Appalachia is a journal of wilderness, mountain, and river adventure and environment, published by the Appalachian Mountain Club and edited by Christine Woodside. 

We welcome narrative, historical, and science essays on the following topics: mountain, wilderness, and backcountry adventure; technical climbing; canoeing and kayaking; nature and climate change; and land ethics. We work far ahead and publish twice a year. We consider it our mission to encourage and work with new writers, as well as seasoned ones. The editor-in-chief solicits most lead feature stories several months ahead. 


Story proposals should reach the editor-in-chief eight months ahead of publication: April 1 for December publication, October 1 for June publication.

Manuscripts sent on speculation may arrive as late as seven months ahead of publication: May 1 for December publication, November 1 for June publication.

Letters to the editor, suggestions for obituaries in our “In Memoriam” section, and short items for our “News and Notes” section may arrive five months ahead: July 1 for December publication, January 1 for June publication.


Our philosophy is that articles should be as long as they should be. Most articles run between 1,000 and 3,000 words. Some measure as short at 500 words, and our longest are 5,000. Please double-space your document, use Times New Roman 12-point font, and send submissions electronically, if possible.


Photographs or drawings accompany most of our articles and are usually provided by the authors. We also publish a limited number of standalone photos that evoke the mountains, and we welcome high-quality freelance submissions.


Original poems about the above topics are also welcome. Shorter poems are preferred. Only eight poems are published per issue, which makes this the most competitive section of the journal; on average, one in 50 submissions is accepted. Send poems to the attention of Parkman Howe via the editor-in-chief.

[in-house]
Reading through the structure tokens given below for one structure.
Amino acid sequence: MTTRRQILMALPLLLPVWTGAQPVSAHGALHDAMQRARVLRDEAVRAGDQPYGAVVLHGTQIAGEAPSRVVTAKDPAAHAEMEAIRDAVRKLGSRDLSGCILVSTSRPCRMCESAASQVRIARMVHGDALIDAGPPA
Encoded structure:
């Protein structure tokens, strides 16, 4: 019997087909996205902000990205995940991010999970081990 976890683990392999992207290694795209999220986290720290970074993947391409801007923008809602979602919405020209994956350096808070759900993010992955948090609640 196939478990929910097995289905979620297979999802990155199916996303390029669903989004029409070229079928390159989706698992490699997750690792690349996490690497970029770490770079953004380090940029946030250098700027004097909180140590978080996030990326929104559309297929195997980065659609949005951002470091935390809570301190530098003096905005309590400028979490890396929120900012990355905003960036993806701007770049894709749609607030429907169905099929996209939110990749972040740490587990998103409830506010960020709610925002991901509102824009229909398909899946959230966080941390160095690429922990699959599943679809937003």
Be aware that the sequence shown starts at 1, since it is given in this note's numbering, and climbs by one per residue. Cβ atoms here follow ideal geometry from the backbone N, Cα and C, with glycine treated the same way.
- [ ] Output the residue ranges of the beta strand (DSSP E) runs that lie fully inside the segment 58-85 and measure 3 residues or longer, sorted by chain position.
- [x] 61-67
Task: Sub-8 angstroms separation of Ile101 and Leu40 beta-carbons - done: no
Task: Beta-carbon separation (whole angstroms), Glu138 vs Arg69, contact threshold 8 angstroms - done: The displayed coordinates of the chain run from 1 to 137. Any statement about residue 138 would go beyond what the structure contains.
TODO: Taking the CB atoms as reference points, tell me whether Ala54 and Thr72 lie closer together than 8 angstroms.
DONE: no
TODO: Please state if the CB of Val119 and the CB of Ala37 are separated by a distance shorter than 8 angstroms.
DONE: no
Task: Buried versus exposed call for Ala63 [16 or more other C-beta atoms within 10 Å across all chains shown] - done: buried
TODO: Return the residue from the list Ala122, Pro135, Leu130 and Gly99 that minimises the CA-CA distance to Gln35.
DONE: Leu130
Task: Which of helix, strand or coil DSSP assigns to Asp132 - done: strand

All work is subject to editing. We make every effort to work cooperatively with authors in the early stages of production and to explain editing decisions. Deadlines usually make last-minute communication with authors impossible.


Enter the Waterman Fund Essay Contest by February 1

We invite emerging writers to submit personal essays between 2,000 and 3,000 words by February 1, 2019. The topic is…

Humor in the Wild

Maybe these scenarios sound familiar. You’re dripping sweat under that pack you've overloaded. You’re on an exposed ridge, the sky blackening, thunder rolling in. Your stove has malfunctioned. You’re forced to conclude you've gotten the whole party lost. Exhaustion, fear, stupidity: yet you’re surprised to find yourself laughing.

The mountain world can bring humor unexpectedly into our lives. Perhaps because the mere act of being in the mountains provides an antidote to the daily bombardment of the news cycle and the traumas of modern life. Perhaps because being in the mountains heightens all kinds of human experience. Perhaps because being in the mountains helps us to remember that life is full of the absurd and the unexpected. 

Does laughing, or just a bemused smile, bring us closer to wildness? Does humor bring us to the threshold of finding that mysterious something that often eludes us yet draws us into wild places? Is laughter a natural reaction to wildness—the wild within responding the wild outside? How and when does humor intersect with our experience of the wild?

Guy and Laura Waterman spent their lives exploring, living, and writing within the boundaries of culture and nature, and through our annual essay contest, the Waterman Fund seeks new voices on the role and place of wilderness in the modern world. 

This year we dedicate our contest to the memory of Hannah Taylor, a wilderness runner, Nordic ski coach, and the beloved sister of our essay contest coordinator and former winner, Bethany Taylor.

Essays will be accepted through February 1, 2019. The winning essayist will be awarded $1,500. The runner-up essayist will receive $500. Both will be published online and in Appalachia. Essay winners will be selected and announced by midsummer 2019.

For the purposes of this contest, an emerging writer is considered someone who has a solid writing background or interest but has not yet published a major work of prose on this topic or been featured in national publications. Send inquiries and submissions to You may also submit essays through

Appalachia Journal